We begin the New Year on a bit of a somber note by reporting that Howard Davis Jr. passed away two days ago due to a bout of lung cancer. Davis’s most noteworthy accomplishment was winning the Val Barker Award of "Most Outstanding Fighter” at the 1976 Olympic games in Montreal. To put that statement in a bit of perspective, the 76' USA Boxing team has gone down as one of the best fighting squads the country has ever produced, boasting names like John Tate, Leo Randolph, Michael and Leon Spinks, and the legendary 'Sugar' Ray Leonard. Pat Putnam of Sports Illustrated even wrote, Davis as being “even more skilled as a fighter than Leonard.”
Davis captured the gold medal against Simion Cutov of Romania, capping off an impressive 120-5 fight amateur career where he bested names like Aaron Pryor and Thomas Hearns. Three days before the opening bout, Davis considered withdrawing from competition after receiving word that his mother had passed away from a heart attack, but opted to push through the tragedy in remembering his mother’s final words: “Good luck, and you better bring back that gold.”
Davis's success would not transfer as highly into the pros, however. Though compiling a very solid 36-6-1 record, he fell short in his three title bouts against Jim Watt, Edwin Rosario and now famed trainer James 'Buddy' McGirt. He made a short comeback after a six-year retirement before retiring for good in 1996.
Post-retirement, Davis began work as a trainer and delved deeply into the world of MMA, acquiring a position as a striking coach at American Top Team, and helped prepare Chuck Liddell for his first bout against Shogun Rua. Davis also appeared on The Ultimate Fighter season 11 as Liddell’s boxing coach, and in 2010, he co-founded Fight Time Promotions a Florida-based MMA promotion, which currently airs bouts on CBS Sports.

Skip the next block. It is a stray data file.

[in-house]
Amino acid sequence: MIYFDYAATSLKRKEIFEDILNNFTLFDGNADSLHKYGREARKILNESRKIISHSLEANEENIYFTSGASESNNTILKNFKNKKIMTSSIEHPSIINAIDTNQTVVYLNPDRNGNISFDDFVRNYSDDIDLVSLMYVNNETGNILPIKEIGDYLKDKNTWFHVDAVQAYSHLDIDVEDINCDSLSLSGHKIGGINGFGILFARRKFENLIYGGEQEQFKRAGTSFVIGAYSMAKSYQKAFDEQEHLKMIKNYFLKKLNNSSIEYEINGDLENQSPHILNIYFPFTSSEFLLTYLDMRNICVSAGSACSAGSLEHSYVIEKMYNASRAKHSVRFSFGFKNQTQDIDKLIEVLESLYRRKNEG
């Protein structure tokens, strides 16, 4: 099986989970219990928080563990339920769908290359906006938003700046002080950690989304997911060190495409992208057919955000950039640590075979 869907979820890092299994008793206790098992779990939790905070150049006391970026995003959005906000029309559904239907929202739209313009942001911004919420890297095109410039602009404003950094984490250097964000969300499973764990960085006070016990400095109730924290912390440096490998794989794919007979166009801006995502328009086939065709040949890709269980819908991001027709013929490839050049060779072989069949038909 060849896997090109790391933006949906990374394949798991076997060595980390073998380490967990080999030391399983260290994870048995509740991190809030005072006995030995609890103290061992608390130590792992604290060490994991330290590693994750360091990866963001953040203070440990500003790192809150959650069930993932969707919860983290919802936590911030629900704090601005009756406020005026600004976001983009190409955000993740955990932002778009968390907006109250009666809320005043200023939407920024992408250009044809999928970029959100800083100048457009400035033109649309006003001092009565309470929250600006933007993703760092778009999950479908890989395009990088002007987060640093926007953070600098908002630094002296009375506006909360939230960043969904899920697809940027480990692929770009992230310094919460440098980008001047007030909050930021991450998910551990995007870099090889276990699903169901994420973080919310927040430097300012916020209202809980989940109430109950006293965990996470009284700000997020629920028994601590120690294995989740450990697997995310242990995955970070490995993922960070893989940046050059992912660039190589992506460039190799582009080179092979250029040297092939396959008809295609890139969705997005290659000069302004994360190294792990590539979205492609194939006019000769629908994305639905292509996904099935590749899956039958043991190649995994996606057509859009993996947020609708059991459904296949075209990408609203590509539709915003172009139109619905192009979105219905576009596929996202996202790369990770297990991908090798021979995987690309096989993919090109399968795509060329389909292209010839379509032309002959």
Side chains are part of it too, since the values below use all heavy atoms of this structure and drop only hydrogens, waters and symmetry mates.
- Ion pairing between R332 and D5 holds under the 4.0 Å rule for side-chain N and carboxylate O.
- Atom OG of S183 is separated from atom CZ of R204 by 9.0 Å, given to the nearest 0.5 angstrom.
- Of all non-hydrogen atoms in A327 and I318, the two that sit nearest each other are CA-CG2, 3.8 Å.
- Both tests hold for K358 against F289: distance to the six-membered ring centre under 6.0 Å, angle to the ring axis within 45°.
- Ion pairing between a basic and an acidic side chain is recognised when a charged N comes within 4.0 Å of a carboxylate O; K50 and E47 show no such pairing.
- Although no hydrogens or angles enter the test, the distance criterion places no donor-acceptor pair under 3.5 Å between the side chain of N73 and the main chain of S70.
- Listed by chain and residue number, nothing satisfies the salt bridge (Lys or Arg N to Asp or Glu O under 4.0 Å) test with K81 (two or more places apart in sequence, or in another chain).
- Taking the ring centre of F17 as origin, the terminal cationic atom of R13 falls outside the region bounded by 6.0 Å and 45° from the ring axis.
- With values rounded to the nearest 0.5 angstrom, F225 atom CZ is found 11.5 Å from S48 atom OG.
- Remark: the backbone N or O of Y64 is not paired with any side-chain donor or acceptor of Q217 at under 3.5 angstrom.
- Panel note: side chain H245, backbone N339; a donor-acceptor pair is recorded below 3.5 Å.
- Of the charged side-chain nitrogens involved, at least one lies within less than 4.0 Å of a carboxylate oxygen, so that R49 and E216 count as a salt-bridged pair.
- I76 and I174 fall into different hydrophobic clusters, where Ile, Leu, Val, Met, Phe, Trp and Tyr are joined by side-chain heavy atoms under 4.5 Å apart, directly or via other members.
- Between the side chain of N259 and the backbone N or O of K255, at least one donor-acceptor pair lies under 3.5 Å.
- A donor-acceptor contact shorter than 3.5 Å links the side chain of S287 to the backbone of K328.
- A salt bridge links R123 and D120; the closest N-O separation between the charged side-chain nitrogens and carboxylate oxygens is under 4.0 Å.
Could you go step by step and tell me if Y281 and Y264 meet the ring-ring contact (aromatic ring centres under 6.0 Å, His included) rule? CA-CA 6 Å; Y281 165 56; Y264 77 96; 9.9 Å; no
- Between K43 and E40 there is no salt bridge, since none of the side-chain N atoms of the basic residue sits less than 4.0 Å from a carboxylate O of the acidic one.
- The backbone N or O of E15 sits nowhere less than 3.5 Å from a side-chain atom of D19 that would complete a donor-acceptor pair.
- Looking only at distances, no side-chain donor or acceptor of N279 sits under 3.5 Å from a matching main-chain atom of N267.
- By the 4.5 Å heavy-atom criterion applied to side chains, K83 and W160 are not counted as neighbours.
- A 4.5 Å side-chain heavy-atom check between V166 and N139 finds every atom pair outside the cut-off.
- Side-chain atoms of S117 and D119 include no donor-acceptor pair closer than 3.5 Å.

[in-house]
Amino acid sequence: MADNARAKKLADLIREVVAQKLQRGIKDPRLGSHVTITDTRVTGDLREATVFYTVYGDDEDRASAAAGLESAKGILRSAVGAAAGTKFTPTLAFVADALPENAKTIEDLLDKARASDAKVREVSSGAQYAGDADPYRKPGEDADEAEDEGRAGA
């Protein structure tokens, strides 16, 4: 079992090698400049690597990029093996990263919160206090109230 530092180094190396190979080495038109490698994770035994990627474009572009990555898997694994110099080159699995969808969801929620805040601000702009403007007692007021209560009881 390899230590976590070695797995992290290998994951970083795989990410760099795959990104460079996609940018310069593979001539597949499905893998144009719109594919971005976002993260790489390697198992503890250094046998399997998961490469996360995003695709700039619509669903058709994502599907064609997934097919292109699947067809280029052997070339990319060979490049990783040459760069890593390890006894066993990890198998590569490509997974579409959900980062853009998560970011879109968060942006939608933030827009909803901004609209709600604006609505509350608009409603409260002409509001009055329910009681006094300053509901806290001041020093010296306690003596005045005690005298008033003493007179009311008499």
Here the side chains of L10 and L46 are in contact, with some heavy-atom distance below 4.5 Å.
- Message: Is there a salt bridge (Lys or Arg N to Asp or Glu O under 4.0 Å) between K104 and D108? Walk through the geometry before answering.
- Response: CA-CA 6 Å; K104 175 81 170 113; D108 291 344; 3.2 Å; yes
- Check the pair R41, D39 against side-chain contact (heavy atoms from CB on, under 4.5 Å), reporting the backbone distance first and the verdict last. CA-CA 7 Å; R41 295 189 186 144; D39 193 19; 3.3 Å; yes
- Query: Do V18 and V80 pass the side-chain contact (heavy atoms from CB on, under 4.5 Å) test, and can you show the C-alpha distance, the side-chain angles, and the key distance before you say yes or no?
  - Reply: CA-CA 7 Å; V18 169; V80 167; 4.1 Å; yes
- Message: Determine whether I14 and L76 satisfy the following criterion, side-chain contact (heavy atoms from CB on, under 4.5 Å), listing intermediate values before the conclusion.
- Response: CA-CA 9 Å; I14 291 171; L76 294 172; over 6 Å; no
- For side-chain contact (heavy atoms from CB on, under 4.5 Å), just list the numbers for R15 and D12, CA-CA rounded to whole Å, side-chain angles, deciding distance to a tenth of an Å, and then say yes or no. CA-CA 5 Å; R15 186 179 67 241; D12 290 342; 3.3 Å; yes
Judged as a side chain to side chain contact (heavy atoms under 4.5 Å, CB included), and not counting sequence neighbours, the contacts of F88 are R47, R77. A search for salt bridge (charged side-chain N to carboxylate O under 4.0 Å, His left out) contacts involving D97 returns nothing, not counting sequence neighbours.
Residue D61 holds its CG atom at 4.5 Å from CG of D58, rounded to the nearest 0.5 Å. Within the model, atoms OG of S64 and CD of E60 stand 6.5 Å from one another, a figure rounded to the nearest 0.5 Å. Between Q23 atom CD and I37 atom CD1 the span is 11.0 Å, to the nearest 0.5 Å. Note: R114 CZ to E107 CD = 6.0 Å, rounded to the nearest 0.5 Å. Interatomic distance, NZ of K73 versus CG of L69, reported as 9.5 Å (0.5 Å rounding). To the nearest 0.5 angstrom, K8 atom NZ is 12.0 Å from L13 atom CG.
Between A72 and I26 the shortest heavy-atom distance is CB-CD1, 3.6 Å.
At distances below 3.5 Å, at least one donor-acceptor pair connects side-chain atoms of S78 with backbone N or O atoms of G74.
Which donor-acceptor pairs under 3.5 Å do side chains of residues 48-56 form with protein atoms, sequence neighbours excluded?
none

Davis was diagnosed with Stage IV lung cancer earlier this year, a surprise to most since Davis reportedly never drank or smoked a cigarette in his life, and according to friends, followed a strict vegetarian diet. Doctors gave him a year to live, but Davis took a fighter's perspective to the matter.
"I never ask why I got (cancer). I just started fighting,” Davis said to an interview with the Sun-Sentinel. “If you are a champion, champions don't quit."
Things got worse over time and Davis’s weight dropped nearly 60lbs. The caner ran its course and on December 30th, his brother Kenny Davis confirmed that the former Olympian had passed. He survived by his wife Karla Guadamuz-Davis, their 5-year-old daughter Samiha as well as sons Howard Davis III, Diara, Dyah Ali, and Khamali and daughters Anikah, Amira, Imaan, Yaasmeen and Myrium.
Additionally, he leaves behind a number of communities that cared for him deeply. There is a street named after him in his Long Island hometown, and painted murals to inspire local up-and-coming fighters. A number of MMA’s top contenders chimed in on the news of his passing, and those that knew Davis viewed him as a positive figure in what often can be a difficult sport.
It’s clear that Davis made a significant impact on the fighting world, and we here at Fightland bid him farewell.
To help support the Davis family, please visit here.
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